New home construction surged in July
New homes being built at an annual pace of 245,604 during the month, well ahead of normal
The annual pace of new home construction rose nearly 16 per cent in July compared with June, the Canada Mortgage and Housing Corporation said.
CMHC said the seasonally adjusted annual rate of housing starts rose to 245,604 in July, up from 212,095 in June.
Canada's long-run average is for about 200,000 new homes to be built every year, so the current pace is well ahead of that. The six month average now sits at 204,376 as of July, up from 199,778 in June.
Economists had been expecting the rate to come in at around 210,000, according to Bloomberg.
Most of the surge came from a boom in multiple-unit construction for things like condos and apartments, which rose 18.8 per cent to 184,431. Single detached urban starts climbed 12.3 per cent to 47,564.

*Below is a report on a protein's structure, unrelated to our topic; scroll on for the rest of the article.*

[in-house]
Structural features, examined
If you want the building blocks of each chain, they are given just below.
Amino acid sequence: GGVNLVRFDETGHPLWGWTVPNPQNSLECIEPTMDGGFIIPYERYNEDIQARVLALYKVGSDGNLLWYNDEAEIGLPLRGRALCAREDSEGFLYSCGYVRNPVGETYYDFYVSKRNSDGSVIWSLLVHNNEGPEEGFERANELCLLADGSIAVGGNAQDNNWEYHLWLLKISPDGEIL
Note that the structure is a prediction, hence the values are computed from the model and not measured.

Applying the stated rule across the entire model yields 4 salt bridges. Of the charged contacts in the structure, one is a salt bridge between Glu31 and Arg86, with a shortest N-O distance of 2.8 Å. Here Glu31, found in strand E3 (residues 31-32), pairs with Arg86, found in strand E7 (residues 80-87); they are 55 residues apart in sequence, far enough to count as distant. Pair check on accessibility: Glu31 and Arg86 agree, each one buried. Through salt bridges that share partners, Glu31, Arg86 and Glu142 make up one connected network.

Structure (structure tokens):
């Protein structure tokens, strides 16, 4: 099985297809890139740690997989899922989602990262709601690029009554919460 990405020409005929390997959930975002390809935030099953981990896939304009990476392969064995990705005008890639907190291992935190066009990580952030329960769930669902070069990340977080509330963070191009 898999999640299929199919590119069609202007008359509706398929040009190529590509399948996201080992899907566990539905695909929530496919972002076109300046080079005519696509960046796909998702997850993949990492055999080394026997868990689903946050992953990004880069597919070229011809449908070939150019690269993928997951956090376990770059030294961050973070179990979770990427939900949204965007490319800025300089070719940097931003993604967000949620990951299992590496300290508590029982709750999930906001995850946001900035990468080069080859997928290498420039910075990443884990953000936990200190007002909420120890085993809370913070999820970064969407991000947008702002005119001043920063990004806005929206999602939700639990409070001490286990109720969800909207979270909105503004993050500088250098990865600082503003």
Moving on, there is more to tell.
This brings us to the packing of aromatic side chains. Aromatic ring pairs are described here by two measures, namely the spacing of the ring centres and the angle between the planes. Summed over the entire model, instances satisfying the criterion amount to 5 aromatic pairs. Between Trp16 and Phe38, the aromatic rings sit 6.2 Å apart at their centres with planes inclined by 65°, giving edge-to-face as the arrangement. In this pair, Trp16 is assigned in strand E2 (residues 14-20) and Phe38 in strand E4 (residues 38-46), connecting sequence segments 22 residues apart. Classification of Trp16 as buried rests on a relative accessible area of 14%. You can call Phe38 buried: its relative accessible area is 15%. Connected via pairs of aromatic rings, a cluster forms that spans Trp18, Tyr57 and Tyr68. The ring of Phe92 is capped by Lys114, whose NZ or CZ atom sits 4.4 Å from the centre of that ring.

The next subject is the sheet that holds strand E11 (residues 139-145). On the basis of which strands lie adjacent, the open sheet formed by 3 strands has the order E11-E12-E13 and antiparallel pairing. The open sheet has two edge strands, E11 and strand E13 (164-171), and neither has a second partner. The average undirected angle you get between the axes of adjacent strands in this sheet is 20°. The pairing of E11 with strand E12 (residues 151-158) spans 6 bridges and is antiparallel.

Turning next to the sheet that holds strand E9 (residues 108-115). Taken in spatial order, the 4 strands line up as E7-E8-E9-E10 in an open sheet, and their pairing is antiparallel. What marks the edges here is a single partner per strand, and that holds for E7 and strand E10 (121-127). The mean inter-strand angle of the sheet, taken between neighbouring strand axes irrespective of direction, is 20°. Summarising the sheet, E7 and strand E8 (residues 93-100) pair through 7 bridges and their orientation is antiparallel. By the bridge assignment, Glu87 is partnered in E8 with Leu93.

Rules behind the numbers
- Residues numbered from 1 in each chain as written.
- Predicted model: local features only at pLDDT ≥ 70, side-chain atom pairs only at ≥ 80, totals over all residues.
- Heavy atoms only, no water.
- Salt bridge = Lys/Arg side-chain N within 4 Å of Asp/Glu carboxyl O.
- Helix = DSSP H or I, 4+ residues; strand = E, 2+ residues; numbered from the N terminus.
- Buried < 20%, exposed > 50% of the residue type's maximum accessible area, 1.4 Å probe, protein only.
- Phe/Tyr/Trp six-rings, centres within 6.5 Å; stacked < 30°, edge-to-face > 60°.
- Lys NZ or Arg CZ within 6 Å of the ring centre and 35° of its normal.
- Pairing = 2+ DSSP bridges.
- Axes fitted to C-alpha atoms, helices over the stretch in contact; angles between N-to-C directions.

Rural starts were estimated at a seasonally adjusted annual rate of 13,609 units.
" Housing starts continue to rebound nicely," Bank of Montreal economist Priscilla Thiagamoorthy noted. "Strong underlying demand and low rates mean builders likely won't be packing away those hammers anytime soon."
Construction increased in every province except Manitoba. Alberta's number rose for the first time in three months, but the province is still see construction activity well below the usual level.
Saskatchewan ramped up, bringing home construction to the highest level in the province since October 2014. Ontario climbed 8 per cent following a 36 per cent increase the month earlier.
Quebec held steady while activity increased in Atlantic Canada, especially New Brunswick where construction activity hit the highest level since 1990.